Tonight I went to a local debate, hosted by The Women’s Equality Party, about women’s rights in Britain’s future. Let’s just say, I didn’t leave doing a little sidekick in the air and whooping. I left feeling unusually pessimistic.
Amongst the panel and audience where people ‘in the know’. One had come fresh from a House of Lords meetings on the ramifications of (women’s) rights if/when Brexit happens and it wasn’t terribly reassuring. Her questions to the House of Lords were along the lines of, ‘What will happen to our rights when we leave?’, ‘Who is overseeing this?’, ‘Who is mediating this?’. ‘How many involved in all of the above are women?’.
Most of our employment rights in the UK (including equal pay and time off for maternity appointments) are because of the EU. The rights are in secondary legislation, which means the government, and not through debate, can decide what happens to them. What if they decide to roll back these laws, as has been done many times before in other countries when significant change has happened. They may promise them at the time of Brexit, but what about a month later; a year; two?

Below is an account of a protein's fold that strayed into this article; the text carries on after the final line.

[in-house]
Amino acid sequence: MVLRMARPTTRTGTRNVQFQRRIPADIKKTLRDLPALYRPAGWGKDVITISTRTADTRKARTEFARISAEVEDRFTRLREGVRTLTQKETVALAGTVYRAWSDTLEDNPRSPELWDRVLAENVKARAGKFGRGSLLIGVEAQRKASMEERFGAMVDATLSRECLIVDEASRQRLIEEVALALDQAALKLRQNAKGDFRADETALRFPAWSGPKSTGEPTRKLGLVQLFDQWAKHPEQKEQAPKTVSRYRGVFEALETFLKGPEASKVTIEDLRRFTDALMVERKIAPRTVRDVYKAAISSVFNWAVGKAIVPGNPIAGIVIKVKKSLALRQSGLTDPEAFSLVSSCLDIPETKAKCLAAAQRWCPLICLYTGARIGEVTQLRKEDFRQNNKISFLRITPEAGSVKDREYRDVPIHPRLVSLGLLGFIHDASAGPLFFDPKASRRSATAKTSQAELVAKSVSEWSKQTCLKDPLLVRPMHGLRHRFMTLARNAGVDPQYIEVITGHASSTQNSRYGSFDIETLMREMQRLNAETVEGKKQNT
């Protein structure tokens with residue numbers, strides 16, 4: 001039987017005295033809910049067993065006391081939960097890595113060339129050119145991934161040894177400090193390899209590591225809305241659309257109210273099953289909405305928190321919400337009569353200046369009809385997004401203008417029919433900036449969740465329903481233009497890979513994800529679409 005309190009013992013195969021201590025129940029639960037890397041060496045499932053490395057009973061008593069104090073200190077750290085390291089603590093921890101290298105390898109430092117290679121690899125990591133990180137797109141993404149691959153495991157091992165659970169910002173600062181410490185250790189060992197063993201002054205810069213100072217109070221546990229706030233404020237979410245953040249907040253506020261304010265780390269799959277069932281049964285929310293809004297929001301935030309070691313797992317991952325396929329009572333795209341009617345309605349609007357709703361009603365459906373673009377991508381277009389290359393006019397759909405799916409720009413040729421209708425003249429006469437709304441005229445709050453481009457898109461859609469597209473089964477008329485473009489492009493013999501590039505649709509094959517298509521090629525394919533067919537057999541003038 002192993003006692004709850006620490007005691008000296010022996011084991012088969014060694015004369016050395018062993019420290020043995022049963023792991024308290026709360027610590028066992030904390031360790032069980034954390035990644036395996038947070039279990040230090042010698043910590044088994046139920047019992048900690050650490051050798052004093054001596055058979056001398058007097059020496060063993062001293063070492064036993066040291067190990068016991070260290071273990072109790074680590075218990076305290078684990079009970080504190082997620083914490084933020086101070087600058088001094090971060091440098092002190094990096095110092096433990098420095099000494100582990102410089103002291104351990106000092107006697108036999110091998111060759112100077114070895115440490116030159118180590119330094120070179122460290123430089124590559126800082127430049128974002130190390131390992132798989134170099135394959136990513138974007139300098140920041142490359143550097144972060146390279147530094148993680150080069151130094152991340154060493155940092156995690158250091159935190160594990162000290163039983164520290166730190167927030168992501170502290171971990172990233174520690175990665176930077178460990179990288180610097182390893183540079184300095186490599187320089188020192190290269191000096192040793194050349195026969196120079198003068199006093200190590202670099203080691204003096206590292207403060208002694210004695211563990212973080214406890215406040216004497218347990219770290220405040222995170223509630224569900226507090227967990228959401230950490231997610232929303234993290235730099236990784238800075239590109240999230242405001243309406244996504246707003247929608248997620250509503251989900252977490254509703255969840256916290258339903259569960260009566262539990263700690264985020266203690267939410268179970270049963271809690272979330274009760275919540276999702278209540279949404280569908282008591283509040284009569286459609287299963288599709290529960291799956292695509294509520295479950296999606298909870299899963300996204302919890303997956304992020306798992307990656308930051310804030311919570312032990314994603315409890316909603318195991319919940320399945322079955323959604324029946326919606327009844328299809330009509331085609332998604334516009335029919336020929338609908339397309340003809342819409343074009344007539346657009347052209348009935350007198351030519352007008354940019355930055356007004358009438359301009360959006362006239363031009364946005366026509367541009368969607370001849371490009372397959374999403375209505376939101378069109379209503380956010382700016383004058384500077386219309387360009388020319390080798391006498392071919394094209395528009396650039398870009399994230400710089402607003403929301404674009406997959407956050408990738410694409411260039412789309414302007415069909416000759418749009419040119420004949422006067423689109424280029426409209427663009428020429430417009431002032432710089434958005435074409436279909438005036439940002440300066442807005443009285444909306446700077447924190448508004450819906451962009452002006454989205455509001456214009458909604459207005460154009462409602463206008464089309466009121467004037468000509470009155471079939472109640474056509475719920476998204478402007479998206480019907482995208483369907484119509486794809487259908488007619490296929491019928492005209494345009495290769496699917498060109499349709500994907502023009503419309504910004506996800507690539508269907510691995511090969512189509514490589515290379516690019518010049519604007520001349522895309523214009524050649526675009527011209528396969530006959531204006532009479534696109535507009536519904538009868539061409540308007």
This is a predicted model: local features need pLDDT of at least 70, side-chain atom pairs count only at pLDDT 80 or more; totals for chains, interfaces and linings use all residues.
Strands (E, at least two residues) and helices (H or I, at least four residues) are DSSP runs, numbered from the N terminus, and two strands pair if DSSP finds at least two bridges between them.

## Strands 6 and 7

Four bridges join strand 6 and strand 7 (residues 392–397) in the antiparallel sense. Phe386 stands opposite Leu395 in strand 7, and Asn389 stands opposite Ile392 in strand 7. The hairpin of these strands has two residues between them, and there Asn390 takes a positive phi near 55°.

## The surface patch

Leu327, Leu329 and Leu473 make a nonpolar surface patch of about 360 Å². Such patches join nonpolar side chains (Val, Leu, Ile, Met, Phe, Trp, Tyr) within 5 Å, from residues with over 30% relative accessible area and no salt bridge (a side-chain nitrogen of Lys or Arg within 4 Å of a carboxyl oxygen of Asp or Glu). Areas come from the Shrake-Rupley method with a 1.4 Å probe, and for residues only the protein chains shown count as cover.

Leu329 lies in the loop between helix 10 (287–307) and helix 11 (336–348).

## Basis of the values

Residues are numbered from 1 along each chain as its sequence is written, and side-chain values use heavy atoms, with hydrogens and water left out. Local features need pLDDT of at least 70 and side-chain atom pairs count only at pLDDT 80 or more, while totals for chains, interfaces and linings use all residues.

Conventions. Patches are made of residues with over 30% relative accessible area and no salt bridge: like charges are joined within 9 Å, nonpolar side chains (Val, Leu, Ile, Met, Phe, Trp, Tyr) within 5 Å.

We remain hopeful that this won’t be the case, but there are no guarantees. Headlines were quoted; large corporations vilifying pregnancy rights and equal pay.
I left unsettled, with a fear of what might be. Overreacting? Maybe. But, look at the last 12 months in politics, not just in the UK, but globally. Anything could happen and who is going to stop it? And, how?
The mere possibility reiterates the ongoing inferiority of women in our society, that 100 years on from women’s suffrage, we are still fighting, still being labelled, still ‘the shrieking sisterhood’.
Keep shrieking, sisters. Keep shrieking.